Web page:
Is desire essential to the human experience?
Just like The Rolling Stones, Tammy Potakh can’t always get what she wants, which made her wonder about the nature of desire. Here are her thoughts:
I often hear the words “you always want what you can’t have” and never really thought much about it until recently, where I wanted something (or perhaps, someone, in this case) who is entirely out of reach. It brought a few questions to my attention, mainly… WHY!? Why do we crave what is not really for us? What is it about the unattainable that makes it appear so attractive, appealing & desirable? Are we hardwired as humans to lust over a fantasy that we construct in our own minds? Or is it simply a socially-constructed phenomena that we can attribute to media & other influences re: what we “should” and “shouldn’t” have?
Temptation, lust, passion, dignity and self-worth are all concepts that come to mind when I think about “desire.” It’s almost an institution that has been highly romanticised by events such as Valentine’s Day & the ritual of honeymoons following weddings, etc. It is over-exposure to commercialised events as such, that further fuel & provoke us, as gluttonous individuals, to just want and want more until eventually we become obsessed with these desires and sooner or later, our lives revolve around our infinite quest to satisfy these wants. It’s purely exhausting!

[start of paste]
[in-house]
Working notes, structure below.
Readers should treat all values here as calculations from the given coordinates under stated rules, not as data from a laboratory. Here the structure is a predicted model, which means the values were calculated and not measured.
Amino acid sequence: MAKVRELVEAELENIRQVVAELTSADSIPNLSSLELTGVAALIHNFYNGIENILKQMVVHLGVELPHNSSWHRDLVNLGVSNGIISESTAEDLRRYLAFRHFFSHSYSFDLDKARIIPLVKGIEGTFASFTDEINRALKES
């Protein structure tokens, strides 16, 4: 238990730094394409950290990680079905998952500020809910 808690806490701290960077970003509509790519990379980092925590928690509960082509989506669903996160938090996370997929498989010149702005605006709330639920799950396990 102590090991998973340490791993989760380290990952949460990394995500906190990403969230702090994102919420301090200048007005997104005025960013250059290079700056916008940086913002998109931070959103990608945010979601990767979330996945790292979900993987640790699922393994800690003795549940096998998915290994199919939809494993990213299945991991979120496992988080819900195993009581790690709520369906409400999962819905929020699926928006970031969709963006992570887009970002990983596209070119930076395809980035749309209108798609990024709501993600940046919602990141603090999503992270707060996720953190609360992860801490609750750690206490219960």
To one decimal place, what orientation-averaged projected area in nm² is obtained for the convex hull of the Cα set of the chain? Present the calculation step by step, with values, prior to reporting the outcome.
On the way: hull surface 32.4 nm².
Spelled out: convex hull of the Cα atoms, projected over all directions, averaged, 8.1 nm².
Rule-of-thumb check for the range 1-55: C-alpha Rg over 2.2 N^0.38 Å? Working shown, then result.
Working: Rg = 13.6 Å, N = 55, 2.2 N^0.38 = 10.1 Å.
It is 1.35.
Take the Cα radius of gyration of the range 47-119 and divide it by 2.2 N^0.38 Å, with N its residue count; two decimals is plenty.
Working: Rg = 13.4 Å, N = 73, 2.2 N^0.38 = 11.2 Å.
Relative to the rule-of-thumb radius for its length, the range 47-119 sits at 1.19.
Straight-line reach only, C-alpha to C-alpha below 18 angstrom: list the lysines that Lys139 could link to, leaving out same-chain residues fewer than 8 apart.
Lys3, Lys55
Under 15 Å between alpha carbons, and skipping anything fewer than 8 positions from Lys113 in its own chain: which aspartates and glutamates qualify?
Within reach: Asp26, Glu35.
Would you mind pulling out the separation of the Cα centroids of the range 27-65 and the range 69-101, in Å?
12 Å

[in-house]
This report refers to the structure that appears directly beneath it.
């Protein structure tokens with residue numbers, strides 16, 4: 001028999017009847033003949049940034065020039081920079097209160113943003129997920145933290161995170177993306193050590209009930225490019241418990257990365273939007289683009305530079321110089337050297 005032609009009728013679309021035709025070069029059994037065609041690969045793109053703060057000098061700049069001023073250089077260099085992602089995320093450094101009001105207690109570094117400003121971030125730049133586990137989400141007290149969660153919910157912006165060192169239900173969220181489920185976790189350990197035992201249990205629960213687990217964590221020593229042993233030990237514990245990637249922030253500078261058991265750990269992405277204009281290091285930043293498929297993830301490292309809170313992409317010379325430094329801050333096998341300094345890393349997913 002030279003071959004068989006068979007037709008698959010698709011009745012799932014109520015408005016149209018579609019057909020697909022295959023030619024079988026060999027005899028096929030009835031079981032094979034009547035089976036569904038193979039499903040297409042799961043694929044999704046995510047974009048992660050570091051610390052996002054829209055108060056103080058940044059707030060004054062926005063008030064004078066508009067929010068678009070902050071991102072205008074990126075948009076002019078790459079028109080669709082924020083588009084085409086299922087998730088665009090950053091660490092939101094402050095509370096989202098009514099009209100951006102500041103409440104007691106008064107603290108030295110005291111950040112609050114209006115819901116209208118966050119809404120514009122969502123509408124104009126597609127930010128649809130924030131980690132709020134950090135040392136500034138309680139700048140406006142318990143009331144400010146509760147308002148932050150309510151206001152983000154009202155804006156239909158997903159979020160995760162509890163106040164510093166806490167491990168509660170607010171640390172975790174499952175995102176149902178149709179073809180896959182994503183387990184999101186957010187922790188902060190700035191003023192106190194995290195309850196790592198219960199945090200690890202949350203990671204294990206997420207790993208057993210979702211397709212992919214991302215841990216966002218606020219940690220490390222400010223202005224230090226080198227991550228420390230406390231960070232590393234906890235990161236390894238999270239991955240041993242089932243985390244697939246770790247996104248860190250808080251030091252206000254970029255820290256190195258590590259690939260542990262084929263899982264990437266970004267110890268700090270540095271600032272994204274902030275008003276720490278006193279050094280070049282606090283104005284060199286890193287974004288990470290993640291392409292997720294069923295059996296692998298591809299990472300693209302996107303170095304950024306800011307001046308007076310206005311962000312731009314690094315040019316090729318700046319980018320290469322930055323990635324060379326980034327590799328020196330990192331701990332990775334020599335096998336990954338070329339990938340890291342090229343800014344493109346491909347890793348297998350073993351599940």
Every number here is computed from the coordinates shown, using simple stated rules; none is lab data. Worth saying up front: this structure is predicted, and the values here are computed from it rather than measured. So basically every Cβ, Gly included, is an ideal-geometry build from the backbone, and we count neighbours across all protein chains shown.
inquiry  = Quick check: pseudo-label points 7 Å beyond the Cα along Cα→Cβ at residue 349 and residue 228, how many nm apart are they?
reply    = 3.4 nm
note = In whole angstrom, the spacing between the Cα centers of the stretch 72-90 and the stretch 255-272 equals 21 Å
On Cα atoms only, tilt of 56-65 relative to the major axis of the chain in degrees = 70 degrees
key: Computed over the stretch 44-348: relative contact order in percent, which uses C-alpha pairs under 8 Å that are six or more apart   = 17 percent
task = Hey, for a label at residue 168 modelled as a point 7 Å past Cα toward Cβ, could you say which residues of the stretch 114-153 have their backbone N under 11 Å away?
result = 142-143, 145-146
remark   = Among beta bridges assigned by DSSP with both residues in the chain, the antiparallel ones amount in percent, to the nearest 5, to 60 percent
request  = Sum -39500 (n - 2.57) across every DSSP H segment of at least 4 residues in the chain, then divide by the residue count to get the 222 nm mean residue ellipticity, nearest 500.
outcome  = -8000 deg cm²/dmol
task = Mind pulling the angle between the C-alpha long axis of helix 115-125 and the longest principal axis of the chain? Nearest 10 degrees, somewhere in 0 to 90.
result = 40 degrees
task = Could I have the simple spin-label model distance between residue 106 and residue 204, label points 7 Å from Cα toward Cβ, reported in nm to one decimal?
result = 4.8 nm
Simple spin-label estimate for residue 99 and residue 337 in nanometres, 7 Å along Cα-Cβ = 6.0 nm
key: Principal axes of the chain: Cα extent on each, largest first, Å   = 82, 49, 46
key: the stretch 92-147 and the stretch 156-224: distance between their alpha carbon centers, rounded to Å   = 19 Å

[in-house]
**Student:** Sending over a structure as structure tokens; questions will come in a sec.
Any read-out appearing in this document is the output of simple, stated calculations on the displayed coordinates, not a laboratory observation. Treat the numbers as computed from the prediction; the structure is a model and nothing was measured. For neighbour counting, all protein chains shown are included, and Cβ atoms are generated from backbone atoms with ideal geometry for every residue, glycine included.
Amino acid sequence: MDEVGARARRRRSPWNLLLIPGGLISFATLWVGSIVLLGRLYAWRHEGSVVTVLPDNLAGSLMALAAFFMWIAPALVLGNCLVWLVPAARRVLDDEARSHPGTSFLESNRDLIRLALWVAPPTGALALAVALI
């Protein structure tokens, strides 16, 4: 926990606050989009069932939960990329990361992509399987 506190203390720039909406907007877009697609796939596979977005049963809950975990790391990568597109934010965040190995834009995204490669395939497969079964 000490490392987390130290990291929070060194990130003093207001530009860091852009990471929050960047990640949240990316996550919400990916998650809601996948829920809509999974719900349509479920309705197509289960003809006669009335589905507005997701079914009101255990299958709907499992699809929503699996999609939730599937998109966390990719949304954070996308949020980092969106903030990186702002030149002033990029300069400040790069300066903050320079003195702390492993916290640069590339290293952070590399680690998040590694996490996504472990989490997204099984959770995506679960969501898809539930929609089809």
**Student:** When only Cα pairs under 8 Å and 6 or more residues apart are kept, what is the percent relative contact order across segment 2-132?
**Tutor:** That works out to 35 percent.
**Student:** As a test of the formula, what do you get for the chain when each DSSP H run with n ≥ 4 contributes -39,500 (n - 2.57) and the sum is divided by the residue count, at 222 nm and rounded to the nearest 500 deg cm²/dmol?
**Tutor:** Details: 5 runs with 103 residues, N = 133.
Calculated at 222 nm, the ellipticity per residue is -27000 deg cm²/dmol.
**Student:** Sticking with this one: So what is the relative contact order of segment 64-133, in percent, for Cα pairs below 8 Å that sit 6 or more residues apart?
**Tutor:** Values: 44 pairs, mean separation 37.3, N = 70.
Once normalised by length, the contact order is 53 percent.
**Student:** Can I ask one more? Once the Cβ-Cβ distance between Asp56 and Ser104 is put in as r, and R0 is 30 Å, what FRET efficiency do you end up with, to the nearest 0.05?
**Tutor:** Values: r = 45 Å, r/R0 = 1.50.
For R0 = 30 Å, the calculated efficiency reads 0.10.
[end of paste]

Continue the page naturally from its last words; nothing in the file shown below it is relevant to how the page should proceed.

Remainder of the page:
Not only do we already live in an egocentric society where we are the centre of the universe but we are also now encouraged, if not pressured, to believe that we ARE the amount of income we earn per annum, we ARE the amount of yachts we own, we ARE the the rings on our hands and the shoes on our feet. And if we are stripped of all these said superficial things, then our ego is jeoporadized, along with our feelings of self-worth. Are we then nothing, if all of these objects and desires are removed from us? Are we only classified as humans because of the fact that we have desires and are willing to self-sacrifice and alter our own identity, in order to possess/obtain them?
I was reading Kojeve and a quote that caught my eye was “In the relationship between man and woman, for example, desire is human only if the one desires, not the body, but the desire of the other …. he wants to be ‘desired’ or ‘loved’ or rather ‘recognised’ in his own human value, in his reality as a human individual.” Here, Kojeve implies that man’s desire for a woman goes far beyond the purely sexual attraction. It’s much deeper, psychologically, as it delves into the emotional needs of the man. For a man to feel complete or “whole” as an individual, he must feel valued and important to someone else – he desires to be the desire of another being. Whilst this is often the ego that controls this desire, it is also innate. We NEED love, in order to become self-actualized beings. You hear about millions of neglected children who never develop into fully functioning adults, or in the extreme case, become criminals – all because they were robbed of essential love as younguns.
“His reality” is constructed of what he sees and believes is expected of him. Also, it’s his goals and what he strives for in life. So, if we don’t have goals and aspirations – does that then leave us desireless? Or to put it another way; people who live with a deep hole in their heart and have entirely given up on themselves – do they desire nothingness?
All in all, I find desire to be an essential component of the human experience. It is vital to strive to become the best version of who and what you are. However, I find it unhealthy to “desire to be someone’s desire.” Coming from personal experience, this intention can be possessive and blinding towards what’s really important, in terms of life-compassion.
Words by Tammy Potakh